Most Importantly, Industries harbour profits while saving the planet (Hayes, 2014). However, fashion Industries investing face much competition from businesses that are reluctant to go green due to the huge initial investment required to build an upcycling model. These businesses are focused on reducing the costs of production to maximizing profits regardless of the socio-economic impact. This is an ill feted way of operation as all postconsumer goods should be cultivated and reproduced throughout their life cycle.
Up cycling in fashion is no longer façade but a topic that is becoming of increasing importance in the modern history of fashion. With more fashion designers and manufacturing companies acknowledging the high energy consumption and the myriad impacts, the fashion industry has on the environment. It is time for the fashion industry to adopt upcycling to reduce its wasteful ways. An upcycling should be formed based on principled activities about fashion and products (Gail, 2014). In the contemporary world of “ throw-away society” implementing a comprehensive, up cycling system could alleviate fast fashion trends and form the basis of a sustainable fashion. Collecting, repurposing of discarded clothes provided a sustainable garment supply chain that holds all entities responsible for its waste. Incorporating the whole supply chain in this approach is mandatory in achieving maximum success. A comprehensive approach involves channelling leftovers from the farmers and any other viable waste back to the production lines. Therefore there will no waste discarded into or a scenario where brand owners burn dormant stock. Even the smallest fabric waste will find a way back into the system to and re-spurned into yarn that creates new textiles for clothes and other garments (Stockholm Environment Institute, 2019). The manufactures, designer and fabric producers, play an integral role in the making, production and cultivation of the second life of the garment. Collaboration between these three entities ensures that no leftovers are discarded into the waste stream through this fashion Industries grow responsibly and sustainably. A key challenge whatsoever is that while brands and fashion industries praise manufactures for sustainable textile production, they offer little to no funding for the upcycling processes. This needs to change. On the one hand, consumers can alleviate the manufacturers’ financial burden by purchasing upcycled products while fashion Industries can create a long term working relationships with manufacturers.
A well-integrated up cycling system encourages communication between the consumers and the brands. Purchase of second clothes closes the loop of upcycling. Therefore if there is no consumption, there upcycling is does not attain its relevance (Gail, 2014). Upcycling provides an proper channel to raise awareness of any problems in the design and manufacturing of the clothes. This is crucial in the visibility of the brand a selling upcycled clothes does not equate to mega sales. Beyond the eco-awareness, the brand needs to build an image of its role in a sustainable fashion. As for most consumers, there needs to for an ethical reason for purchasing the product. Historically, most consumers of upcycled products, seem concerned about the upcycling process than rather than the health risks of upcycled clothes. For others, purchases take place based on the implication on value, price and convenience of the brand. It is becoming increasingly crucial for the fashion industry to become accustomed to consumer preferences, perception and media highlights about their products. Therefore increased communication between fashion designers and the consumers allows the fashion Industries to create eco-friendly garments while keeping the needs of the needs of the customers first. Incorporation of an up cycling system in the fashion Industry will shift the mindset of consumers, brands and manufacturers on the value of discarded waste. As a result, there will be limited fabric waste channelled into landfills and incinerators, thus tackling excessive clothing waste.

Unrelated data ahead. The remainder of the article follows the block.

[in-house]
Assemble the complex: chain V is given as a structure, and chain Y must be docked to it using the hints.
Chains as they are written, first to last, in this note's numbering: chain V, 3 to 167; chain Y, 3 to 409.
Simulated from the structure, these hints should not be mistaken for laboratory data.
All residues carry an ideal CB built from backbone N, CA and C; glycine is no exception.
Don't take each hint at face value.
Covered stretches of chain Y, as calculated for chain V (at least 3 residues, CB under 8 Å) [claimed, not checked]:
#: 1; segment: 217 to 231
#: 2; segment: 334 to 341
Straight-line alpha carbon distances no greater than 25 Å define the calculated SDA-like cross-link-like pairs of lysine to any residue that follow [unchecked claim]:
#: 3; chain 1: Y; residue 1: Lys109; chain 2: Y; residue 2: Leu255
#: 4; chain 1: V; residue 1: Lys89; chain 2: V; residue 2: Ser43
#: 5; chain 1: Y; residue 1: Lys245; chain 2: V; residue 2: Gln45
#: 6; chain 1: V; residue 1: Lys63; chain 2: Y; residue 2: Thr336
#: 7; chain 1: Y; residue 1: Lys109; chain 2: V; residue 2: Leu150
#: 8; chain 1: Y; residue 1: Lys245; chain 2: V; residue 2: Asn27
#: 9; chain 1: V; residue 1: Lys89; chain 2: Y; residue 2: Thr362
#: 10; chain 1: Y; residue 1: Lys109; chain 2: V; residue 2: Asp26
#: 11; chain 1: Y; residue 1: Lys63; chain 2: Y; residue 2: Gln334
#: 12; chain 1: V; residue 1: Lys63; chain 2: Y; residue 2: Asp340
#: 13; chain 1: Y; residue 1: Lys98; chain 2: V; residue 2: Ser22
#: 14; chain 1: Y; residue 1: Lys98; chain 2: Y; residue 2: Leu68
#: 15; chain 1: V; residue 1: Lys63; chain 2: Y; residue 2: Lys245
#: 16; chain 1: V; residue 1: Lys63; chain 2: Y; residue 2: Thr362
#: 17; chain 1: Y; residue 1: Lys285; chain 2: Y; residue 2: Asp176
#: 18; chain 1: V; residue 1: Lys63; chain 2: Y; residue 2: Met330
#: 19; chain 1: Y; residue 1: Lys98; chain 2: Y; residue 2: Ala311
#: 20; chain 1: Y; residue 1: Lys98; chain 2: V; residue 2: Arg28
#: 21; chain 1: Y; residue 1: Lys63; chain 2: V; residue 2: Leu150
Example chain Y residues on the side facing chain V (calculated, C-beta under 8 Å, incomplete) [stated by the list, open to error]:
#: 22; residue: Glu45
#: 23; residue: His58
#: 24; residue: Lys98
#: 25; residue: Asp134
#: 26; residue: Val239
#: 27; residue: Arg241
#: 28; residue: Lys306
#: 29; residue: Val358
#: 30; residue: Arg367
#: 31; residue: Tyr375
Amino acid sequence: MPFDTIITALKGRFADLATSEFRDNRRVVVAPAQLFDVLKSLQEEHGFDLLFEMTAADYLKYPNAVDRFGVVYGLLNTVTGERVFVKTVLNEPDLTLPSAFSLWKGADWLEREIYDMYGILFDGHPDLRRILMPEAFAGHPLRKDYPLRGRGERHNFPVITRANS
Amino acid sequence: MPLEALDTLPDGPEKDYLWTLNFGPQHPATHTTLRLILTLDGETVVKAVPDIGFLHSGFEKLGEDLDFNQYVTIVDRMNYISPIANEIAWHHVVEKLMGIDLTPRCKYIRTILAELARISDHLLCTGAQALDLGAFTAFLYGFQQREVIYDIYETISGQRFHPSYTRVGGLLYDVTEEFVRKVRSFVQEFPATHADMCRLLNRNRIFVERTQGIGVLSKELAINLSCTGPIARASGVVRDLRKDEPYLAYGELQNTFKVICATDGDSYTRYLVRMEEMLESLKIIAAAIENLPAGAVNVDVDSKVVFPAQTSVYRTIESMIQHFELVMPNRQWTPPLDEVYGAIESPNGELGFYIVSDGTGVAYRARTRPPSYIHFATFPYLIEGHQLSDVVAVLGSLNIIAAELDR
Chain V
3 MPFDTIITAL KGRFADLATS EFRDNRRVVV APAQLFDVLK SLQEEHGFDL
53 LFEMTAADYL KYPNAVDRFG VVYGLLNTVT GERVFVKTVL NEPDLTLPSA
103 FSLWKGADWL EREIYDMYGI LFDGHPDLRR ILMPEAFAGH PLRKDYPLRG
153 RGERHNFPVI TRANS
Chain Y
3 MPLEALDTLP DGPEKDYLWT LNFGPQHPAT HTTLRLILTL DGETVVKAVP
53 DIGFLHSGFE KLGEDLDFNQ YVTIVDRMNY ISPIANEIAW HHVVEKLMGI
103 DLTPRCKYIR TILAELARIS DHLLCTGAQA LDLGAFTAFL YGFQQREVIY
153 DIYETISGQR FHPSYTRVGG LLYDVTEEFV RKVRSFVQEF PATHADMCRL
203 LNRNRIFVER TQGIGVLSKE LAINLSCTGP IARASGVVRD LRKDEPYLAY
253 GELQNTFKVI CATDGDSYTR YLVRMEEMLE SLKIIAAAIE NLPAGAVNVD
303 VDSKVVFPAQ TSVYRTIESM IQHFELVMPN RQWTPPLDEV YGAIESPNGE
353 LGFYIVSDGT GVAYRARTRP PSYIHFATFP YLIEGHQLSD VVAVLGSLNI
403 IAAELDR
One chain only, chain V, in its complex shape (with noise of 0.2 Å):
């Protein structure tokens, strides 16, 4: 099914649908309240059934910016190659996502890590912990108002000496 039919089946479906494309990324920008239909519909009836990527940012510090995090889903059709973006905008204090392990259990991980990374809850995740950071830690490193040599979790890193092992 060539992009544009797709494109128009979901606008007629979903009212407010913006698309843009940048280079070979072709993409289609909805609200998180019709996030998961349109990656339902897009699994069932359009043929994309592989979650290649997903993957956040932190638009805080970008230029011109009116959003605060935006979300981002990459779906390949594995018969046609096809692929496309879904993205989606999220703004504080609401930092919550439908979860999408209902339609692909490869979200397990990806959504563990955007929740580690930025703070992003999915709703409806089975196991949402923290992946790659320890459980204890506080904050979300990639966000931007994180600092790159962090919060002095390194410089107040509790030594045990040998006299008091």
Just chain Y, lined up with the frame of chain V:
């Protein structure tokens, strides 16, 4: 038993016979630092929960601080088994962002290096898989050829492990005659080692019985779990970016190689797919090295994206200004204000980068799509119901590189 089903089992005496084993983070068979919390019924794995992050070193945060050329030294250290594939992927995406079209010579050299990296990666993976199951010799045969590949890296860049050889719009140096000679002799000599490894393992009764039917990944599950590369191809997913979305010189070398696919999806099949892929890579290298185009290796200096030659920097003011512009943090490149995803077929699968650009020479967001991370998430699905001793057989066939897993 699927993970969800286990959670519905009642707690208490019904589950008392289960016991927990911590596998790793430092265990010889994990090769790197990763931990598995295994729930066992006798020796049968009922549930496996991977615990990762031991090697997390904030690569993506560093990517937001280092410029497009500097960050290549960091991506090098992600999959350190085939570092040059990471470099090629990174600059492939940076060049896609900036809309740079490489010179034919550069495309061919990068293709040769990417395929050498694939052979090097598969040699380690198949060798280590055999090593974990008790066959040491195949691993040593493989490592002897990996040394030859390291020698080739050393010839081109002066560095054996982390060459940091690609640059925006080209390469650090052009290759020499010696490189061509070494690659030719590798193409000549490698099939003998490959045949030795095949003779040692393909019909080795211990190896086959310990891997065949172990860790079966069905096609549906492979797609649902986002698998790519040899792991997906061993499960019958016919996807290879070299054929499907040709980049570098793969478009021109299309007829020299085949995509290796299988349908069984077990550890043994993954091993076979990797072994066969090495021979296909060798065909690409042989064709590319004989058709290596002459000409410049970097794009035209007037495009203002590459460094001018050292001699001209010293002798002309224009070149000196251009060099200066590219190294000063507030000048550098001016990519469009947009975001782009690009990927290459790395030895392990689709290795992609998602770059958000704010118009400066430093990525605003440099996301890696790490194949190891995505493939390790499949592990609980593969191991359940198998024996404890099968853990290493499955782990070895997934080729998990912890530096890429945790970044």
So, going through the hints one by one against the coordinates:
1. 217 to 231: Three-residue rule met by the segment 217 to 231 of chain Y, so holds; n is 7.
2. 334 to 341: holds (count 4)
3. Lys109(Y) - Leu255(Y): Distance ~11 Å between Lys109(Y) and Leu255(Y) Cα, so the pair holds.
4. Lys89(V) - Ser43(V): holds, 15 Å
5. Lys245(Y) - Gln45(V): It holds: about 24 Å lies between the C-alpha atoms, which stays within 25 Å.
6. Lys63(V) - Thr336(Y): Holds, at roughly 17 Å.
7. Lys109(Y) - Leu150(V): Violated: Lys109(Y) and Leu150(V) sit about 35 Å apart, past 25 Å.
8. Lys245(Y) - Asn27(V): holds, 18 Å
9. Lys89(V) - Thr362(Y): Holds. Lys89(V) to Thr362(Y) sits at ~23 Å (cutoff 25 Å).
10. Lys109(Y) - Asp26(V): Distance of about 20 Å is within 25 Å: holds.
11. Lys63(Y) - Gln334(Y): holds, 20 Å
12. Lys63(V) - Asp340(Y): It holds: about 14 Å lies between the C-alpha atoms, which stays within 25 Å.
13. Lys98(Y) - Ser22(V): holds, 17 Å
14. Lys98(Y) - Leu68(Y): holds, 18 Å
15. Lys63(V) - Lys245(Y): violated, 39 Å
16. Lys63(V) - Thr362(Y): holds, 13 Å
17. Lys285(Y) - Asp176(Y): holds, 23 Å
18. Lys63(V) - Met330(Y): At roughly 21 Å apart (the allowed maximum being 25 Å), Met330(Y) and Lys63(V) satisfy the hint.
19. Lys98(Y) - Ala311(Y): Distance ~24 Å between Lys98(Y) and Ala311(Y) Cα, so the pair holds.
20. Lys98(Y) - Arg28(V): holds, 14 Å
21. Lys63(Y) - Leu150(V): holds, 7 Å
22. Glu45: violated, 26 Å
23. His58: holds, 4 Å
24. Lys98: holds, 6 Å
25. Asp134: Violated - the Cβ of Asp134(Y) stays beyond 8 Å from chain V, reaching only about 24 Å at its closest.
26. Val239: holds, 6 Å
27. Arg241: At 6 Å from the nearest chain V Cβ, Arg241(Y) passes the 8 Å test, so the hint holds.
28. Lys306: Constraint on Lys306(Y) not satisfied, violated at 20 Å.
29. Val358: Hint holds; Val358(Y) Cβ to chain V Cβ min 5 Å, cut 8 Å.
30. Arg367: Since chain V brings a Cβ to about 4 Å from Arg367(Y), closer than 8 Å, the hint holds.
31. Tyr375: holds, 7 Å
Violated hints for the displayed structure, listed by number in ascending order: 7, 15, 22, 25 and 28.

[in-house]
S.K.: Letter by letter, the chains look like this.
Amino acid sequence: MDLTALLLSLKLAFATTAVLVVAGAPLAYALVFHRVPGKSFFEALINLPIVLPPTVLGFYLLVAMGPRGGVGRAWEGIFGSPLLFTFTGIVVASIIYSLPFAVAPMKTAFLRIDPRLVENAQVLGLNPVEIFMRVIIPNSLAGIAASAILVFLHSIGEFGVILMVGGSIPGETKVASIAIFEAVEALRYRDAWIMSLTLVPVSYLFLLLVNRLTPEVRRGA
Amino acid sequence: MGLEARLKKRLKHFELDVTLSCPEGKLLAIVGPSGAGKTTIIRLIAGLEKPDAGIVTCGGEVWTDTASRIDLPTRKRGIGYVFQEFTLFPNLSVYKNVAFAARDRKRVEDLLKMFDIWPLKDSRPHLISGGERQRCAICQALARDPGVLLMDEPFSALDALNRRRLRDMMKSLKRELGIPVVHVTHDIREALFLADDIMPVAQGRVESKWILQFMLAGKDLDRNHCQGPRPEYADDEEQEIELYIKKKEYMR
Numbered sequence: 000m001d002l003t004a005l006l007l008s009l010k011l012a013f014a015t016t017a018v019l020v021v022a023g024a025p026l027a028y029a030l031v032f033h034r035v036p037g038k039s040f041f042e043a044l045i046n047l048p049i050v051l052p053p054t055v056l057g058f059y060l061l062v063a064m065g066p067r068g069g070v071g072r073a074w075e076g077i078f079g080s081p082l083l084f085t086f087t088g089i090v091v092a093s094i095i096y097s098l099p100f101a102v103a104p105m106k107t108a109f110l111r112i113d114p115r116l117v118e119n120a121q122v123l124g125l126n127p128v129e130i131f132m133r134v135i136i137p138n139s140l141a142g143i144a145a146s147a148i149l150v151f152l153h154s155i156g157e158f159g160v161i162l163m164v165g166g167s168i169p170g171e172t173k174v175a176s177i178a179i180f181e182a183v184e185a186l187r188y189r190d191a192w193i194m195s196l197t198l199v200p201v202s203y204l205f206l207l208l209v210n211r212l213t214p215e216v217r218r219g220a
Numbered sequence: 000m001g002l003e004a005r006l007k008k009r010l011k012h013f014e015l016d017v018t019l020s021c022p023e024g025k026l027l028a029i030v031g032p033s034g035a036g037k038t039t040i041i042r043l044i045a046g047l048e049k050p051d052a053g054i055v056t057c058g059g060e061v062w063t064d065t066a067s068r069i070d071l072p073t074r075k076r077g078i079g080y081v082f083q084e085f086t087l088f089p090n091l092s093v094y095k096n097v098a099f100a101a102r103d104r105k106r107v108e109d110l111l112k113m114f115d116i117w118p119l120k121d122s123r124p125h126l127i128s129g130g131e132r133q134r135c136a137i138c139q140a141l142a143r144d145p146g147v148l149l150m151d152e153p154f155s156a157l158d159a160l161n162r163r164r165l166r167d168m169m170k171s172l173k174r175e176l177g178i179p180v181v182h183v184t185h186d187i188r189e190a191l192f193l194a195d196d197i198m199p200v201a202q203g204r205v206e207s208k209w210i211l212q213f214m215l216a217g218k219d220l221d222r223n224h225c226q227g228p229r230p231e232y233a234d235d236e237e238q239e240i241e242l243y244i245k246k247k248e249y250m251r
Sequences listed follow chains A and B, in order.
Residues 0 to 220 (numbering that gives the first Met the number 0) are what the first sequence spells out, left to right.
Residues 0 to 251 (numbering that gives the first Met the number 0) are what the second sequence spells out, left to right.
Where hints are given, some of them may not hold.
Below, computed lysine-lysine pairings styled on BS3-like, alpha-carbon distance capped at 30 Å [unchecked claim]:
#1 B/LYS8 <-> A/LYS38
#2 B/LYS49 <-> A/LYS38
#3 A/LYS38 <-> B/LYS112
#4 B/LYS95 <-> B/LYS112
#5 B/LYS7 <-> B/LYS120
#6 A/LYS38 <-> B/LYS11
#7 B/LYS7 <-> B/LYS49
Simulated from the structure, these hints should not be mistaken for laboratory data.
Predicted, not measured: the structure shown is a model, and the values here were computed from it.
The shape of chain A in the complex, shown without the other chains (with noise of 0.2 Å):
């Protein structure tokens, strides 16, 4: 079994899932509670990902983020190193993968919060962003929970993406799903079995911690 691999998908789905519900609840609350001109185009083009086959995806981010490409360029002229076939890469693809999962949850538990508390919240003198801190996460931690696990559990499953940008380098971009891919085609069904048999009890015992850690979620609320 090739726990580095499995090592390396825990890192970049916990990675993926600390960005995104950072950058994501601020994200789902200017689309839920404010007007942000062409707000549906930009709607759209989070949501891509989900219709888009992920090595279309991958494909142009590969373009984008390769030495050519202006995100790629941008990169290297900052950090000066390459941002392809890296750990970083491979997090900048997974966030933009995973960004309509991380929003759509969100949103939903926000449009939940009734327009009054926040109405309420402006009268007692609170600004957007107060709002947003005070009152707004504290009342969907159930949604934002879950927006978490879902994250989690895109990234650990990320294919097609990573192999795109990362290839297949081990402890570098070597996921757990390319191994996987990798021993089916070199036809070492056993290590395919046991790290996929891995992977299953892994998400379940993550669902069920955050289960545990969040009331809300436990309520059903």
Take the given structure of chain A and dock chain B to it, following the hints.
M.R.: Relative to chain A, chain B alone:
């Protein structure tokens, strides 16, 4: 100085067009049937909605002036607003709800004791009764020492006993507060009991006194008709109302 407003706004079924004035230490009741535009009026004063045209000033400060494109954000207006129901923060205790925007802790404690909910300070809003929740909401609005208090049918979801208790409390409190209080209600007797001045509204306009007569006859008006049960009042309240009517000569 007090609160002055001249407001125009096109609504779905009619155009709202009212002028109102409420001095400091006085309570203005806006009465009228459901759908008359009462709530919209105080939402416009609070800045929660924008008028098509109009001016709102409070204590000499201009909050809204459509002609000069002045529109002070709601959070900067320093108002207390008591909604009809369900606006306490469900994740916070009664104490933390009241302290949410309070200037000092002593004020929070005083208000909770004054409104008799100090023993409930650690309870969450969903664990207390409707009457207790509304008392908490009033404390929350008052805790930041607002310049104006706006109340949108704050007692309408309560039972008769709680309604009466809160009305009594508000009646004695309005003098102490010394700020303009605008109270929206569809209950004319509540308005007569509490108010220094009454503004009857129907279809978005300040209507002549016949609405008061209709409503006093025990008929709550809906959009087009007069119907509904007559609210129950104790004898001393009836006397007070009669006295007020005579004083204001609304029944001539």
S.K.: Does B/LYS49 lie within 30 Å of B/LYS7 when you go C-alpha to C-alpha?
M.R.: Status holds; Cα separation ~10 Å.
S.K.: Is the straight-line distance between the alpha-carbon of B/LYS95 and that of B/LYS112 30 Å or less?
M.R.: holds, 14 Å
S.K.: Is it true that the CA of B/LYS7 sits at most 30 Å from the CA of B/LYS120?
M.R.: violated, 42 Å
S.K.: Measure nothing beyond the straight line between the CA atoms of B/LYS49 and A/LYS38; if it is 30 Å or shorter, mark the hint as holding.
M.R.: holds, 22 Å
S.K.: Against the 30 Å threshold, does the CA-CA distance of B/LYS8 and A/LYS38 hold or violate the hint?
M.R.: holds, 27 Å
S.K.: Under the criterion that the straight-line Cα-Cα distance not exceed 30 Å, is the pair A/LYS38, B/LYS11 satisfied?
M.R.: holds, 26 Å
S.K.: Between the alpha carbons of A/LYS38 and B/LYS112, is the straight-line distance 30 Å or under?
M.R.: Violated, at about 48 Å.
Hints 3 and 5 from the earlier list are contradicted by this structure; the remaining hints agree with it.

Gail, J. (2014, April). DESIGNING AND SELLING RECYCLED FASHION: ACCEPTANCE OF UPCYCLED. Fargo, North Dakota, US.
Gwilt, A., & Rissanen, T. (2011). Shaping Sustainable Fashion. New York: Taylor& Francis.
Hayes, A. (2014). Upcycling: Save the planet for future generations. Retrieved December 3, 2019, from Michigan State University: https://www.canr.msu.edu/news/upcycling_save_the_planet_for_future_generations
Henninger, A. G. (2017). Sustainability in Fashion: A Cradle to Upcycle Approach. New York: Springer.
Morgan, O. (2014). The Monster in our Closer: Fast Fashion&Textile Waste on the Rise. Retrieved December 3, 2019, from CENTER FOR ECO TECHNOLOGY: https://www.centerforecotechnology.org/fast-fashion-textile-waste/
Stockholm Environment Institute. (2019). UPMADE-toward a circular fashion Industry. Retrieved December 3, 2019, from Stockholm Environment Institute: ei.org/featured/upmade-circular-fashion-industry/